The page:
Dior Beauty was saluted Tuesday at the annual Pratt Institute-Luxe Pack Art of Packaging award dinner, and brand president Pamela Baxter wasted no time in returning the compliment.
“A brand like Dior thrives on vision and creative energy,” said Baxter, the president and chief executive officer of LVMH Perfumes and Cosmetics NA and president of Christian Dior Inc. “In the beauty industry, packaging designers are our true visionaries, the minds that translate creams, oils and pigments into objets d’art.”
Baxter accepted the Art of Packaging Award on behalf of Dior before an audience of more than 250 people, mostly packaging and fragrance suppliers, at the University Club in Manhattan. The evening raised $250,000 for the scholarship fund that supports Marc Rosen’s graduate packaging design program at Pratt.
Thomas Shutte, Pratt’s president, said that more than 20 years ago he had asked Rosen, a packaging designer, to start the program. Now, as it celebrates its 19th anniversary, the scholarship fund has grown to more than $1.5 million. This year’s scholarship recipients were four students — Jaehee Jung, Yue Jin Kim, Patricia Abouchahine and Miguel Eunson.
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The event was cohosted by Nathalie Grosdidier, executive director of Luxe Pack. The packaging trade show will be held in Manhattan on May 21 and 22.
At the end of his speech, Rosen grew nostalgic about what the beauty industry once stood for before the advent of chain stores and Wall Street involvement. Looking around the ornate, mahogany-paneled dining room and the faces of executives whose companies had been controlled by old-world families for decades, he said, “The scene I’m seeing this evening is very retro, epitomizing the glamour that the industry had. I hope that, going forward, we can have an industry of beauty and glamour and you will support this.”
Later he said, “We want numbers, but there is a core to this industry that I want to respect. That is what I really care about.”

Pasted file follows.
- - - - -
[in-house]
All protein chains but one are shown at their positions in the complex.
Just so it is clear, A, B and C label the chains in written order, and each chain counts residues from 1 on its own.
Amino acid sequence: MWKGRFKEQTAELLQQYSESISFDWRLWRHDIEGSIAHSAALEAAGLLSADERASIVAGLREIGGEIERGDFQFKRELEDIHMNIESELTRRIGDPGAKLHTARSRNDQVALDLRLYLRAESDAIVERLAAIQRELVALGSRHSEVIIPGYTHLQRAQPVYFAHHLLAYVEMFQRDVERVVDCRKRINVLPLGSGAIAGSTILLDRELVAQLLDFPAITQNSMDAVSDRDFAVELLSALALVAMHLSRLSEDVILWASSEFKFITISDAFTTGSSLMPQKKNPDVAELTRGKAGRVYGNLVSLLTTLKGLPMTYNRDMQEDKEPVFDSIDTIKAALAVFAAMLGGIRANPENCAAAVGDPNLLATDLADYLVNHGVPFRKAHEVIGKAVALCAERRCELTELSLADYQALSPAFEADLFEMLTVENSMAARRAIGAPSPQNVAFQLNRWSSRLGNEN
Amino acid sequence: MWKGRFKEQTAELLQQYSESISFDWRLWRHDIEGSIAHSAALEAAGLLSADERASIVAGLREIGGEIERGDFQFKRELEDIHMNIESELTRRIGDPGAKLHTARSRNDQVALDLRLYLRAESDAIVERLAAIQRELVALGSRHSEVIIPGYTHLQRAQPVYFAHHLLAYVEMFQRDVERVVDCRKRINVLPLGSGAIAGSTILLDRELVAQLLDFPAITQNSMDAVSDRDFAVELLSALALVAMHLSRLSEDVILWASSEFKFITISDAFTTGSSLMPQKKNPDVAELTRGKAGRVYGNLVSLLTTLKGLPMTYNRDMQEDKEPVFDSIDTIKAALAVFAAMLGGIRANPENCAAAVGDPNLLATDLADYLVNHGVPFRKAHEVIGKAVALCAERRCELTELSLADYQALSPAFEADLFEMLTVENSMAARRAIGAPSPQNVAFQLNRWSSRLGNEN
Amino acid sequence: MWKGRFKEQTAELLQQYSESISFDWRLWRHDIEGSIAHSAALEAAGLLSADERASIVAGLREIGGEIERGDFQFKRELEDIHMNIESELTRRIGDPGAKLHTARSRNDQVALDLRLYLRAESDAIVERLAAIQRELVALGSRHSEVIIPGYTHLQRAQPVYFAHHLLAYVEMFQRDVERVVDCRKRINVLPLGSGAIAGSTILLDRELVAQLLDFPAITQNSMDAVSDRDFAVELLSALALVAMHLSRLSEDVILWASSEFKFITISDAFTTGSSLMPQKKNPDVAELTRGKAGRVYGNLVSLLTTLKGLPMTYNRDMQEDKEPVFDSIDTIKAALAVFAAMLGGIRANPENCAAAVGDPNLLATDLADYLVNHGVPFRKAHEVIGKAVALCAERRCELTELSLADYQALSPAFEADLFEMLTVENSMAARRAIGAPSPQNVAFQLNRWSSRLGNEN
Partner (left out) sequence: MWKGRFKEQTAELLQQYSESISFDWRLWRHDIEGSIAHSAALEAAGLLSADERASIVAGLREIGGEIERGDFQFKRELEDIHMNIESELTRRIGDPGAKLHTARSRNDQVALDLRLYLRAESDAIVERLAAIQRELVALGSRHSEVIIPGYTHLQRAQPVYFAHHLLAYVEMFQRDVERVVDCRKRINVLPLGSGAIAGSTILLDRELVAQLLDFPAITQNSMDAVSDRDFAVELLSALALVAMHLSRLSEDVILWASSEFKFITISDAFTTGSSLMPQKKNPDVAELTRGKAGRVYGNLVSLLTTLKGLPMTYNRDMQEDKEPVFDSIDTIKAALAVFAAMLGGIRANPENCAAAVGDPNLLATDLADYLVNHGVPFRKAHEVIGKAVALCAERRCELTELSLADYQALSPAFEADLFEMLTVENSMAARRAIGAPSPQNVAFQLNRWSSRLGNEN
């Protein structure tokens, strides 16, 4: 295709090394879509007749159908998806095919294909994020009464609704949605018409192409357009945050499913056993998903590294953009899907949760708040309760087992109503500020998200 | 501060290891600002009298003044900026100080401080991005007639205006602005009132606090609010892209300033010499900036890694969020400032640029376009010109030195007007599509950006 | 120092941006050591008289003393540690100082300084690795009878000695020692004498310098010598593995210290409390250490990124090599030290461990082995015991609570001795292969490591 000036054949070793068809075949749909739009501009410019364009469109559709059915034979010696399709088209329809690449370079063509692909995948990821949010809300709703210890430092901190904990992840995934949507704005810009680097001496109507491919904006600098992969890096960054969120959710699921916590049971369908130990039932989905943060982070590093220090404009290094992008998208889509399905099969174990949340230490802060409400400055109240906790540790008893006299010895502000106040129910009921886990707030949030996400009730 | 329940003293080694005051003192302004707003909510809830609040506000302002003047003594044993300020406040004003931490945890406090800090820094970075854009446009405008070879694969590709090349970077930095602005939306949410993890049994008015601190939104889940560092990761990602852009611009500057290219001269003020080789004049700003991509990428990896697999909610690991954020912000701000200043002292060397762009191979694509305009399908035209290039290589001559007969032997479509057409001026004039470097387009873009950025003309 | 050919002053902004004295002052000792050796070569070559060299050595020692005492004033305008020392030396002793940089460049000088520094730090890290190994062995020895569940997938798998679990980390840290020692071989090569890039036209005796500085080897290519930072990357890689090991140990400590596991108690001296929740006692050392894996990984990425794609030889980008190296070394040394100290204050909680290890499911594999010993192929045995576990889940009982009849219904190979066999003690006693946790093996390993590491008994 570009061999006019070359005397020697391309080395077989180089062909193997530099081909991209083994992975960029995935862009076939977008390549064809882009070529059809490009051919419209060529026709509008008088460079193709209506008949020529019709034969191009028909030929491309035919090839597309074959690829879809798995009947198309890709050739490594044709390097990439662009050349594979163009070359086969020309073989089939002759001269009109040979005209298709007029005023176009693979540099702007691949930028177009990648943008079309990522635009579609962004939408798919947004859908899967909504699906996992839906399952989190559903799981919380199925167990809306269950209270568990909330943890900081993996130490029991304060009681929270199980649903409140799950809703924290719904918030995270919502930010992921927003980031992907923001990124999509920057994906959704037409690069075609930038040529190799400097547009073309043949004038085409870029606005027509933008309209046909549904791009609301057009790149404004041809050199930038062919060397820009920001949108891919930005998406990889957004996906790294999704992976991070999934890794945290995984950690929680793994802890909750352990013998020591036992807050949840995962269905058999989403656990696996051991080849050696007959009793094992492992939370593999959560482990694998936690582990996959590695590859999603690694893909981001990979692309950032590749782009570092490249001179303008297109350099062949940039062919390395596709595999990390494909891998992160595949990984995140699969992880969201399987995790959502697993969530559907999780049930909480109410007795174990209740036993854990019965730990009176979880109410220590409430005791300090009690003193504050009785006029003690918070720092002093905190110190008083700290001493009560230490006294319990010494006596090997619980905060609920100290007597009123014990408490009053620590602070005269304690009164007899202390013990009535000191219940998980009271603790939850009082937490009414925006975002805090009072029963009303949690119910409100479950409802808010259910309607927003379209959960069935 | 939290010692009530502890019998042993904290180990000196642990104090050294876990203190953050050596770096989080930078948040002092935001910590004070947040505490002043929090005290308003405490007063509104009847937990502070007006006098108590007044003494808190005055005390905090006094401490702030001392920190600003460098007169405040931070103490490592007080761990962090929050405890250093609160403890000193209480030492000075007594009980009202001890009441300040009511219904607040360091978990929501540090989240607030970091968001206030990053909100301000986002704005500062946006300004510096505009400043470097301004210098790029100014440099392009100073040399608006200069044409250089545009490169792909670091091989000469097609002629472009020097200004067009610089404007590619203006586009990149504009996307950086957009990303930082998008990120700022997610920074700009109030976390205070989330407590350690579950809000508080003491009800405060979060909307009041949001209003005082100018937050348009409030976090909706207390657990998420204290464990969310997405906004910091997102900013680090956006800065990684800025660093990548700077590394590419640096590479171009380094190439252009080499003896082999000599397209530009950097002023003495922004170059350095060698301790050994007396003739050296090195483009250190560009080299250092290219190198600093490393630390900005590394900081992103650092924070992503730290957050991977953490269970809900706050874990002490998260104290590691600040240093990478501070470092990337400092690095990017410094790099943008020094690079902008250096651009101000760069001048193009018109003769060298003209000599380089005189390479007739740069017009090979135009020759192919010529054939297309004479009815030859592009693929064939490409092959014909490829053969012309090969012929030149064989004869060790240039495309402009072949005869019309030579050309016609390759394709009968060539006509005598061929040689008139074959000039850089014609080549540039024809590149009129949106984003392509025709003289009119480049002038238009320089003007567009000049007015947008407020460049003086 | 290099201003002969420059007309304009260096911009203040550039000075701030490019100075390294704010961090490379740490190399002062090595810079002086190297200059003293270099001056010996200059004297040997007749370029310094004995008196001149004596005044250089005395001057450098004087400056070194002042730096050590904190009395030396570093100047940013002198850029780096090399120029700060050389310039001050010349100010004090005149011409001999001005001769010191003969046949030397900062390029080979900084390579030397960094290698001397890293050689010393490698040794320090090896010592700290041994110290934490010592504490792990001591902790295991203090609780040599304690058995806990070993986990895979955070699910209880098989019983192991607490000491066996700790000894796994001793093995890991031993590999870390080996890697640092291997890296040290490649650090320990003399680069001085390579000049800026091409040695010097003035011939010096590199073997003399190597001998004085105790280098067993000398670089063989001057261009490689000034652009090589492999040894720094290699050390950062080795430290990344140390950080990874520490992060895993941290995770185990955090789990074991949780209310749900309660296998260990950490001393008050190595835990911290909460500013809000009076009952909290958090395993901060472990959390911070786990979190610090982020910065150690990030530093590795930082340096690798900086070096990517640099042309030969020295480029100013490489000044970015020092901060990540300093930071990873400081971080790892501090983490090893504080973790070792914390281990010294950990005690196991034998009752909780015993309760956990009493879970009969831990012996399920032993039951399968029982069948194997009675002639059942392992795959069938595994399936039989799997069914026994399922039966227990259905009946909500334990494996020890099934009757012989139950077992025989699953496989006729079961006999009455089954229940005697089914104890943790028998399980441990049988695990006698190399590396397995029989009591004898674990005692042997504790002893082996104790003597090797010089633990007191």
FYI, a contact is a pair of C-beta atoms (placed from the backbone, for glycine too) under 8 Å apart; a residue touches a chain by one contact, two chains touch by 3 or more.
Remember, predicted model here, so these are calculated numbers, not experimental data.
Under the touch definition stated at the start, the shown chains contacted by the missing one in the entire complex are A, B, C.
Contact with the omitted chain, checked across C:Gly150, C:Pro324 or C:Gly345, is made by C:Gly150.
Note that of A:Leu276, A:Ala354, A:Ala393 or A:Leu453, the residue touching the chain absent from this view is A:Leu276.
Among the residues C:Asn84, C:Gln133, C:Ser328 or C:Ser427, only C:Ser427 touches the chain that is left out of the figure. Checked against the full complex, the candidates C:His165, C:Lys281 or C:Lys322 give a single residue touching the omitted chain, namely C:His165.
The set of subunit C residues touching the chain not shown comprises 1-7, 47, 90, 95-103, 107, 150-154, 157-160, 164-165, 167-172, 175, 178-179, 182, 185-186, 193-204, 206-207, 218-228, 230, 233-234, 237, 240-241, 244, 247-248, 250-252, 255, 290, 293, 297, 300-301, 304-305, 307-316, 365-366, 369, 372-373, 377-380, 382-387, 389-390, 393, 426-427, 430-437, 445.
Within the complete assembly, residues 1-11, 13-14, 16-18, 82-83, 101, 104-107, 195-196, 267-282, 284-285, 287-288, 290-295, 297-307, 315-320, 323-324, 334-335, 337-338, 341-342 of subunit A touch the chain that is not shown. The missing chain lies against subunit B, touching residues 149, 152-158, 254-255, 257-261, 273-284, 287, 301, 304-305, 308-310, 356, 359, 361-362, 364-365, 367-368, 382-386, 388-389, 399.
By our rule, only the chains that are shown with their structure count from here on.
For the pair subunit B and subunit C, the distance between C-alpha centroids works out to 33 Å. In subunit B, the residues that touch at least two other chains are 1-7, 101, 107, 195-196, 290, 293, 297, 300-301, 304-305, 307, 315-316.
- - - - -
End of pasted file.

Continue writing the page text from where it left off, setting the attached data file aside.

— Pete Born
Greenpeace in Unilever Protests Over Palm Oil
LONDON — Greenpeace activists mounted an offensive on Unilever Monday with protests in numerous countries against the Anglo-Dutch conglomerate’s use of palm oil from Indonesia.
Activists, many dressed as orangutans, occupied production lines in a factory near Liverpool, scaled Unilever’s headquarters in London and Rotterdam and stopped employees entering the company’s office in Rome, according to a statement from Greenpeace.
“Our research shows that Unilever, maker of Dove and many other well-known brands, is buying palm oil from companies that are destroying valuable rainforest and peatland areas — bad news not only for the millions of people who depend on these for their way of life and endangered species, such as the orangutan, but also for the global climate,” Greenpeace stated.
The protests coincided with the publication of a Greenpeace report called “How Unilever’s Suppliers Are Burning Up Borneo,” which claims the company’s palm oil suppliers are destroying forest and peatland in Central Kalimantan, Borneo. The organization claims that while a roundtable on sustainable palm oil, chaired by Unilever, was set up in 2002 with the goal of setting standards for the sustainable production of palm oil, certified oil is not yet on the market.
“Even when certified palm oil does become available later this year, there’s nothing to prevent it from being blended with non-certified palm oil,” Greenpeace stated. “This will make it impossible for RSPO members to guarantee that their palm oil does not come from recently deforested areas.”
For its part, Unilever issued a counterstatement Monday. “We do use palm oil in some of our products, but we also have a long history of promoting sustainability; for example, in tea and fish,” the company stated. “We are leaders in the search for solutions to achieving sustainable palm oil. The problem is simply that demand [for] palm oil has exploded. This is due partly to growing demand from India and China and also due to the use of palm oil as a feedstock for biofuels in the energy sector.
“It is essential that all those involved sign up to agreed criteria to make sustainability work on the ground, but this is not an easy process and is taking longer than we would all like,” Unilever’s statement continued. “Nevertheless, we remain absolutely committed to finding a solution.”
— Brid Costello